U.S. pastor shut out of his Iranian trial
An American Christian pastor being tried in Iran for his religious beliefs was "shut out" of his own trial Tuesday, a religious group said.
The attorney for Saeed Abedini also was kept from appearing in the Iranian court, said the American Center for Law and Justice. Abedini, who was born in Iran and now lives in Idaho, has been jailed since September, the group said.
A lay church leader, testified in court Tuesday about his connection to Abedini, said the center, a right-leaning organization founded by television evangelist Pat Robertson.
"This individual was specifically questioned about converting to Christianity and whether Saeed encouraged the conversion to Christianity, which he did," the center said. "Additionally, the court asked for details about how Pastor Saeed has financed his multiple trips back to Iran to work on establishing an orphanage for children in need and whether any foreign funds were involved."
The judge told the lay leader to expect another summons within a month to return to court, said the pastor's wife, Naghmeh Abedini.
Naghmed Abedini said her husband had earlier told her that he will likely be held "in prison for a long time," she said in a statement through the center.
"This testimony today is further proof that Iran was just trying to silence the media and has no intention of releasing my husband anytime soon," her statement said. "We need to continue exposing Iran's violations of Saeed's human rights until my husband is safely back in my arms."
Abedini's trial began Monday when he and his attorney appeared in a Revolutionary Guard Court to address charges of attempting to undermine the Iranian government, the center said.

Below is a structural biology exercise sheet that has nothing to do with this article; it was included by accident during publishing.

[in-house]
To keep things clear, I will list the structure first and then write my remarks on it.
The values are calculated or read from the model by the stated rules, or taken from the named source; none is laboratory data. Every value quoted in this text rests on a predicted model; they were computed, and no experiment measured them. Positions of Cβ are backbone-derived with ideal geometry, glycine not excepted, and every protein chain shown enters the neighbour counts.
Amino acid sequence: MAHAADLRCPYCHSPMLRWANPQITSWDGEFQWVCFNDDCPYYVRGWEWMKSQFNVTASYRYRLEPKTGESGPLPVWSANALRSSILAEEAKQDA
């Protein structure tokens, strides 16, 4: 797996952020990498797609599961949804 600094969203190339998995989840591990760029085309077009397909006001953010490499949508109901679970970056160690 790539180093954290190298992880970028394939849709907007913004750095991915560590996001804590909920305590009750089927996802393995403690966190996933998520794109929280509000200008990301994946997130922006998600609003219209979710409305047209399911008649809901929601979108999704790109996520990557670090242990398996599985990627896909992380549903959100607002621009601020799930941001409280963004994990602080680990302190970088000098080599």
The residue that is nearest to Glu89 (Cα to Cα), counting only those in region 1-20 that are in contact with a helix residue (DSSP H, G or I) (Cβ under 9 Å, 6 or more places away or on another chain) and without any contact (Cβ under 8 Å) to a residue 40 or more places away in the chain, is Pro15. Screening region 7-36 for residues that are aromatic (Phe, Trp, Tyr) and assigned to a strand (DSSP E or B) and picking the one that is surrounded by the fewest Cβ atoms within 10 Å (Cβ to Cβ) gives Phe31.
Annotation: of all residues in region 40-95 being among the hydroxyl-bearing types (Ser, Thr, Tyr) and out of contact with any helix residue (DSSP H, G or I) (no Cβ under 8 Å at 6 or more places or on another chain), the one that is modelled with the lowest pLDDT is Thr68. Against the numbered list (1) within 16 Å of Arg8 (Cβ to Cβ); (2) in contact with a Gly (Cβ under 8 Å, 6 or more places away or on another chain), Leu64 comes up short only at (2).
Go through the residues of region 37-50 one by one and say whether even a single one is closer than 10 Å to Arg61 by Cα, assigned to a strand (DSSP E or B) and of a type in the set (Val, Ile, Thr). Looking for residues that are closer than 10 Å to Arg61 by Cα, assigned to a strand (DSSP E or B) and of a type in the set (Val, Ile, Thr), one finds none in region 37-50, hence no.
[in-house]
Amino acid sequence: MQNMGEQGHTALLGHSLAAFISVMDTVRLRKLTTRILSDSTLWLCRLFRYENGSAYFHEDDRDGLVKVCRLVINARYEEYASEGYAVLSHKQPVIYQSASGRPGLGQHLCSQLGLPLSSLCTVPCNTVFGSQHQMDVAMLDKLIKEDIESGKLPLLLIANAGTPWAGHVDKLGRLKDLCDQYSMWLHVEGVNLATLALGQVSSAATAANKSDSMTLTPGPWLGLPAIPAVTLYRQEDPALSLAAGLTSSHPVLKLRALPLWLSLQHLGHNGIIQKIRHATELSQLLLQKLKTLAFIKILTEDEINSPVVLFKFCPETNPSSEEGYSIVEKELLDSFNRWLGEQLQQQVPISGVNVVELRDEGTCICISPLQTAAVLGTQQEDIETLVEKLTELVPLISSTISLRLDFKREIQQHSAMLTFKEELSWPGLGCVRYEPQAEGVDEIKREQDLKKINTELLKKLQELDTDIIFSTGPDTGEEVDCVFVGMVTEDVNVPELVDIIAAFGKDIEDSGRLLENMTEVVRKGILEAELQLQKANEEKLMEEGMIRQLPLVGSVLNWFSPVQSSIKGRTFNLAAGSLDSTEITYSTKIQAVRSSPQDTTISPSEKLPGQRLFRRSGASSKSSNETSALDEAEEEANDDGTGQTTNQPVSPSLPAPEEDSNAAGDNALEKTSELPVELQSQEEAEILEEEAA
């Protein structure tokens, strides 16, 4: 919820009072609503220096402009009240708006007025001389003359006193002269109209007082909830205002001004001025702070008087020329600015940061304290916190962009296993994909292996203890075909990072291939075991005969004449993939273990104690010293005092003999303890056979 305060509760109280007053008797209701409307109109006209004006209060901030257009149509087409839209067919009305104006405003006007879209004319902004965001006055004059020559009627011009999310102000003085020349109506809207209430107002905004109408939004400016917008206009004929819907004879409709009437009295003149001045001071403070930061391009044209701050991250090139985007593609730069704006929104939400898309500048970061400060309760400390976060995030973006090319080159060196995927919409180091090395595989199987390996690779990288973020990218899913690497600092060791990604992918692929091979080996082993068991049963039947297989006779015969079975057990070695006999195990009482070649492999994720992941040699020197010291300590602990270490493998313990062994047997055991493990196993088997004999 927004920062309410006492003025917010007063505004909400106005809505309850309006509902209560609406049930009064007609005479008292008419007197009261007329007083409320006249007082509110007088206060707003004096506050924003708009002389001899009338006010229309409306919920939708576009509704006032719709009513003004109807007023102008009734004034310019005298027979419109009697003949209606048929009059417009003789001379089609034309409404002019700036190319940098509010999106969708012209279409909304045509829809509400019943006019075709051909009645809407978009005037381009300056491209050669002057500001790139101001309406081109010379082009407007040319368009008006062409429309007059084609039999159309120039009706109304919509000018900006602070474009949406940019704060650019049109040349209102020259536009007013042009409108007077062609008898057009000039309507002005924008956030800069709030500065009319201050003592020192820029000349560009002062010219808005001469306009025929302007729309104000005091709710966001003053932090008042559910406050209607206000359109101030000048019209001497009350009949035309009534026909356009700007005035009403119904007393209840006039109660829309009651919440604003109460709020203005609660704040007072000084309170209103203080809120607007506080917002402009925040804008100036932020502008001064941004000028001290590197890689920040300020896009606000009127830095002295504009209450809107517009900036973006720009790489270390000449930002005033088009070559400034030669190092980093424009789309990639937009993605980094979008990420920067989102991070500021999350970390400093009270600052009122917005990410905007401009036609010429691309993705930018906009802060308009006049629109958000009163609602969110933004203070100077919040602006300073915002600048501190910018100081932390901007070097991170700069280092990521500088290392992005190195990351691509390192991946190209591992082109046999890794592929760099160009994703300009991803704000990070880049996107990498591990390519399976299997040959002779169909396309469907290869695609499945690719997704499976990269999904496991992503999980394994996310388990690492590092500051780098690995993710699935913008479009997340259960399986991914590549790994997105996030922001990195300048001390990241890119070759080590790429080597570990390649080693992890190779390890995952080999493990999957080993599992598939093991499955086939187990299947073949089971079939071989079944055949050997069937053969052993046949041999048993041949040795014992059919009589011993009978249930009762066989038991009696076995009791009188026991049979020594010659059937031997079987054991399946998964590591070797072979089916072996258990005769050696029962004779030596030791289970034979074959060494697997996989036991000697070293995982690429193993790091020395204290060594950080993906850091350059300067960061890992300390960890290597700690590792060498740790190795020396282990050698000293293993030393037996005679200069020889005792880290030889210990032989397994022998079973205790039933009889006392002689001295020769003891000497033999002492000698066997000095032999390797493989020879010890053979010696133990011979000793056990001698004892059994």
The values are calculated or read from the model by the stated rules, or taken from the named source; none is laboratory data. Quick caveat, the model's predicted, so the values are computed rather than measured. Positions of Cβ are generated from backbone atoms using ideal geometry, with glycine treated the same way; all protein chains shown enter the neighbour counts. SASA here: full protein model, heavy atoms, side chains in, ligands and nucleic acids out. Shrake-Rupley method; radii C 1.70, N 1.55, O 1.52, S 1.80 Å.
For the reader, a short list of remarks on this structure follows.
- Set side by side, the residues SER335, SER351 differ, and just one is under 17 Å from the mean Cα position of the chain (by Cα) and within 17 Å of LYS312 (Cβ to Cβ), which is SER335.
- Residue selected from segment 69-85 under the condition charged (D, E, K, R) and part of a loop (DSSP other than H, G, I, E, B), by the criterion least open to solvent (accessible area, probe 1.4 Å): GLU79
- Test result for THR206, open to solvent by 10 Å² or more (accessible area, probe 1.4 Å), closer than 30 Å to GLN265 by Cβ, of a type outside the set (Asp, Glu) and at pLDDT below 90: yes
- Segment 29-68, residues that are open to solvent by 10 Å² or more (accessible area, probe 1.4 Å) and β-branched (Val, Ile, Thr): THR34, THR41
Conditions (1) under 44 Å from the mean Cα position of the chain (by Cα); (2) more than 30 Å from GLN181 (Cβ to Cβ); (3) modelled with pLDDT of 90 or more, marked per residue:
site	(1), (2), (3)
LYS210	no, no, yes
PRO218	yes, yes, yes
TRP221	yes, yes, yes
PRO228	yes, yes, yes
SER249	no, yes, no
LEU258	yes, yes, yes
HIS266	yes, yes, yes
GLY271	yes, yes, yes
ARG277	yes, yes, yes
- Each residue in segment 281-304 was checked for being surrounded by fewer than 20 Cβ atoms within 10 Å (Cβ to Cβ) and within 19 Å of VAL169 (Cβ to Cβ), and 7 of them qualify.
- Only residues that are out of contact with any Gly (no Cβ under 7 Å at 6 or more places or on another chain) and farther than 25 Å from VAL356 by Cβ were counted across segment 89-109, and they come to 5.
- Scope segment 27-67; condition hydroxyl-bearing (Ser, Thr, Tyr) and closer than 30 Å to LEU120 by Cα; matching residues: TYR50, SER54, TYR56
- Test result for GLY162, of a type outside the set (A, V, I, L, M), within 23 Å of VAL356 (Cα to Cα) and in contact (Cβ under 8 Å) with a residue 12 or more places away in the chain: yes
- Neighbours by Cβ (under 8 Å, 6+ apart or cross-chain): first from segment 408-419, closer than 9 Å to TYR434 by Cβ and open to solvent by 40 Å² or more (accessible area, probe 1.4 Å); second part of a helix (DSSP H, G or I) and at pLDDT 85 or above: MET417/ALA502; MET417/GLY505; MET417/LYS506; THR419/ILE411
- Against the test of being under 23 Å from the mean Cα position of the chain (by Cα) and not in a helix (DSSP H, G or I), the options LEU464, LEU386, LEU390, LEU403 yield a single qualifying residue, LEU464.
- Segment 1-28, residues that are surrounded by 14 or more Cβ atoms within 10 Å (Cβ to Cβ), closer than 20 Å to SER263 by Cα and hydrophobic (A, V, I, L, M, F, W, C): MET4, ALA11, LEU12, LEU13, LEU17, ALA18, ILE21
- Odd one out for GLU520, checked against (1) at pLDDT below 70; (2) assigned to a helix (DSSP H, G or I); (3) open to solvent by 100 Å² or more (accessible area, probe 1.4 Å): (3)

The group contends that charges stem from Abedini's conversion to Christianity to Islam 13 years ago and his activities with home churches in Iran.
On Monday, the pastor gave the judge a written statement and was questioned by prosecutors and his defense lawyer, whom he only met that day.
The judge in the case has faced sanctions by the European Union "because of his harsh sentences for those on trial for exercising a fundamental human right," the center said.
Naghmeh Abedini said this week that "a few" laymen with the Christian church in Iran told her husband's attorney that they have been called to testify in the case.
Tiffany Barrans, the legal director for the American Center for Law and Justice, said this week that the church leaders in Iran were faced with a dilemma: They could avoid being witnesses, or they could testify in court and possibly face similar charges.
"They are all very fearful to have to show up," she said on a conference call with Naghmeh Abedini and Jordan Sekulow, executive director of the nonprofit organization, which provides legal counsel and litigates cases involving freedom and liberty issues around the world.
Naghmeh Abedini said that when she last spoke with her husband on January 9, he was resigned to a fate of remaining in prison.
The Iranian state-run news agency INSA reported Monday that the pastor would soon be released on bail -- which Naghmeh Abedini charged Tuesday was "clearly a lie."
Saeed Abedini has been arrested nearly 10 times in the past by the Iranian authorities, his wife said. The last time he had been held was in 2009, when he agreed to stop supporting home churches. He had taken nine trips to Iran, where he was born and where his parents live, since then.
His wife said he felt like he was OK to go back repeatedly because he had no dealings with the authorities since he promised to no longer work with Christian home services.
Once he even went with his wife and two children. He and Naghmeh are both converts to Christianity from Islam, and they received threats during the most recent family visit so she took the children home. He returned to their home in Boise, Idaho, later.
Last summer, the pastor was on a bus that was crossing from Turkey into Iran. Immigration officials took away his passport and he was later put on house arrest. In September he was jailed, in the notorious Evin prison, while he awaited trial.
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